Insight Behind TikTok’s Rapid Growth in Japan
What is TikTok?
TikTok is a video-sharing app that allows users to upload 15-second-long videos, oftentimes of lip-syncing or dancing with music. This app is popular in the US, but recently, became extremely popular in Japan.
At the end of January 2019, TikTok officially announced its monthly active users (MAU) in Japan for the first time at 9.5 million users. While the MAU of TikTok is only 1/4 of Twitter’s MAU, its growth rate is unprecedented. They’ve acquired many users since its service launch in Japan in 2017. According to the research conducted by Marketing Research Camp, 71.5% of Japanese teenagers have known TikTok since June 2018.
Why TikTok suddenly became huge in Japan?
Japanese are self-conscious and prefer to be anonymous on the internet
Actually, it’s really surprising that TikTok is widely accepted by Japanese people who are known to be self-conscious and prefer to be anonymous on the internet. It’s very rare that Japanese people show their faces on Twitter and Instagram where anyone on the internet can access it. Some research shows that over 80% of Japanese users are using social media with anonymous accounts. Being invested in and concerned with how others think is deeply rooted in various parts of Japanese culture. “What if other people think I’m ugly?” “I don’t want other people to think I’m a narcissist.” These concerns make Japanese users reluctant to use real names and show their faces on social media. So, what made TikTok so popular in Japan?
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1. Friend challenges make Japanese people feel less self-conscious
TikTok’s breakthrough solution to alleviate Japanese people’s self-conscious nature was the option of “challenges,” a feature that gives users a specified theme for the video they are filming. These “challenges” encourage users to film videos with their friends and help Japanese users feel that they do not stand out alone.
Also, 15 seconds is the perfect length to film during 10-minute breaks between classes for teenagers, TikTok’s main users. Since TikTok videos do not require any special tools, like a high-end camera or lighting which are required for filming youtube videos, Japanese teenagers are able to create videos with friends during their short break time.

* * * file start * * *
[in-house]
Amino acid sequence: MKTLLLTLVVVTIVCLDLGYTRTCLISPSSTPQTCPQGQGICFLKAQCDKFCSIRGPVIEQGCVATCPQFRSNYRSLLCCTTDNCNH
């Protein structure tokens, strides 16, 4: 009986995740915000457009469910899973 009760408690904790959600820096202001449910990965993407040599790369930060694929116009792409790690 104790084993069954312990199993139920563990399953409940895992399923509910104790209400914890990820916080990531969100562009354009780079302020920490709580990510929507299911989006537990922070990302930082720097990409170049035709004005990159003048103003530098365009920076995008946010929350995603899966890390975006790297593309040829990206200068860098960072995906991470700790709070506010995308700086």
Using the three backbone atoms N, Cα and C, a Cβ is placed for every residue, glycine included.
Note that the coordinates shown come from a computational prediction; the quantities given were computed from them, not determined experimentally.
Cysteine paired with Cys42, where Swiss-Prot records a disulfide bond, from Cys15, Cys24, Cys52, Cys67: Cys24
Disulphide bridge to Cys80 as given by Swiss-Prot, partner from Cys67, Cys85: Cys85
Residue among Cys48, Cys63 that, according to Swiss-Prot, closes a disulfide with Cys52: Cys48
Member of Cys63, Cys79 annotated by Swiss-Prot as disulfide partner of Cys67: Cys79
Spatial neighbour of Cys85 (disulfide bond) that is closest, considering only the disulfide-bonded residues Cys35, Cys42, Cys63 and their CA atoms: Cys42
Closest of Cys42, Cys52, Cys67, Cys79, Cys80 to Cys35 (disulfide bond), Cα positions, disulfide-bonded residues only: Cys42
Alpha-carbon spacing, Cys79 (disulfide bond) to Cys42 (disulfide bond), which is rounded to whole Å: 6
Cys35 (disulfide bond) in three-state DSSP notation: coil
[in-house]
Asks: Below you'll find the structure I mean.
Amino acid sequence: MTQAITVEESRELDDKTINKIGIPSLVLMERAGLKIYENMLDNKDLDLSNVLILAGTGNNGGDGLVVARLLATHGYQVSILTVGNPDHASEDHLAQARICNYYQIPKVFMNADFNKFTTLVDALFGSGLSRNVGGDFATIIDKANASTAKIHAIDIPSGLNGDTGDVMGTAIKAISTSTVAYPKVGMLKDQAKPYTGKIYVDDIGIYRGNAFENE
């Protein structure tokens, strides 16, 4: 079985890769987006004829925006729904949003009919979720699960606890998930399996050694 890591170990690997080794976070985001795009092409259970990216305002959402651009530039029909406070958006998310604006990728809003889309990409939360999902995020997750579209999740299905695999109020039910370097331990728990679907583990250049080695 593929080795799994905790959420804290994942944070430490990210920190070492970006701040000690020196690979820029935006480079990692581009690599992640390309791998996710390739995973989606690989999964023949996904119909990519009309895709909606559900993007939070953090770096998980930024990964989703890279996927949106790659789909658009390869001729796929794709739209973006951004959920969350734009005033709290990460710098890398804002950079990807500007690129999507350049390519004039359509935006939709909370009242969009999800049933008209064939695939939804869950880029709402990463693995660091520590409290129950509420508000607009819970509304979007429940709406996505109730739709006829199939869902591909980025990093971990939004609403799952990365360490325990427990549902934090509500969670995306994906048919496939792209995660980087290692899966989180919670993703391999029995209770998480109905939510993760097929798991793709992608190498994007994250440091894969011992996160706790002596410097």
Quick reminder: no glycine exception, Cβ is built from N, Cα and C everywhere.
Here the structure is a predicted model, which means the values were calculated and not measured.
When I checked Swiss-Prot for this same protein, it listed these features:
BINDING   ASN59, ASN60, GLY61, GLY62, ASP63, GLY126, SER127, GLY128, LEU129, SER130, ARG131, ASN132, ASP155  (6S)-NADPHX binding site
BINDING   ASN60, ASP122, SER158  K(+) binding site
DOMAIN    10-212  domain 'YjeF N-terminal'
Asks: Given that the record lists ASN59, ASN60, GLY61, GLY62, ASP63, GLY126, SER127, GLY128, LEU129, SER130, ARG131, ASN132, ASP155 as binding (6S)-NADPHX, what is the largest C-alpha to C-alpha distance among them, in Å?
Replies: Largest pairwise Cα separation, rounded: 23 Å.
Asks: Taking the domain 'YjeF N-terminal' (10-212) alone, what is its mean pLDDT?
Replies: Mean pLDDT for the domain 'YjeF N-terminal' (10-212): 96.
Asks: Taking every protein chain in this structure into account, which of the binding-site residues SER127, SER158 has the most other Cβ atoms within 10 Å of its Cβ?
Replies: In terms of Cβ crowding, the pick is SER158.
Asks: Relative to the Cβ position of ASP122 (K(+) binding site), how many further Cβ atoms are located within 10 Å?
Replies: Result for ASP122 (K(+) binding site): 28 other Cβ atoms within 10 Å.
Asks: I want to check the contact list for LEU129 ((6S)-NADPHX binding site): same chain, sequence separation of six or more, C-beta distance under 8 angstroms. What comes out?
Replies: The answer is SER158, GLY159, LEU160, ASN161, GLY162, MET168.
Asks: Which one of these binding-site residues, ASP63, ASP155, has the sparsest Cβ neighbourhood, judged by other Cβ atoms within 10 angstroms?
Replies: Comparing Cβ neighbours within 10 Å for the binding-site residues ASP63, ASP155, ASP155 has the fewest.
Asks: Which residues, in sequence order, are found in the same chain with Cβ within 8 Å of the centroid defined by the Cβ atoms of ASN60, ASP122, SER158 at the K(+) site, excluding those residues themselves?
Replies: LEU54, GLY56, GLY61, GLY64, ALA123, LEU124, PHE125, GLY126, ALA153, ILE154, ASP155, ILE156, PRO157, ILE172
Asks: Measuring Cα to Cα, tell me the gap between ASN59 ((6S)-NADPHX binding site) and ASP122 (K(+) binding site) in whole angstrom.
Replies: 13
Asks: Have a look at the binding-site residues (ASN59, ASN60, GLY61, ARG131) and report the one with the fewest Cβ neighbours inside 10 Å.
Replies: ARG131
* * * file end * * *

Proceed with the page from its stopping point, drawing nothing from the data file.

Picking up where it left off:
2. Filters make users more attractive and less recognizable
TikTok’s amazing selection of filters and effects helped ease Japanese users’ self-consciousness. For example, users can smooth their skin, sharpen chins, and even enlarge eyes! Plus, users can make their faces less recognizable with video effects.
3. Everyone can be popular
Although many Japanese are self-conscious, they also have a natural human desire to be accepted and valued by others. YouTubers are very popular among the younger generation and many wish to be popular like them. According to the survey conducted by the Japan Association for Financial Planners, YouTuber ranked 6th as a dream job among male elementary school students in 2017.
While making quality videos on Youtube requires many skills like filming and video editing as well as unique content ideas, making TikTok films don’t require such special skills thanks to the massive selections of pre-installed sound clips, sound-bites, and special video effects and filters.
In addition, TikTok’s powerful recommendation algorithm helps users get discovered by many other users which potentially leads to likes and followers. There are even hashtags that help users to become popular, such as #おすすめにのりたい (I want to be featured as recommended video), #広告で有名になりたい (I want to be on ads and get popular), or #地上波に出たい (I want to appear on TV). On TikTok, even ordinary users have a chance to become famous overnight!
Trends change drastically, especially among younger generations. Understanding the insights and cultural background behind trends are as important as keeping up with what trending now. btrax is a San Francisco and Tokyo based UX and Marketing agency committed to understanding the Japanese consumer’s insights through market research and user interviews. Subscribe to our newsletter to receive fresh new insights on Japanese marketing and more in your inbox.
Edit by Wakana Morlan
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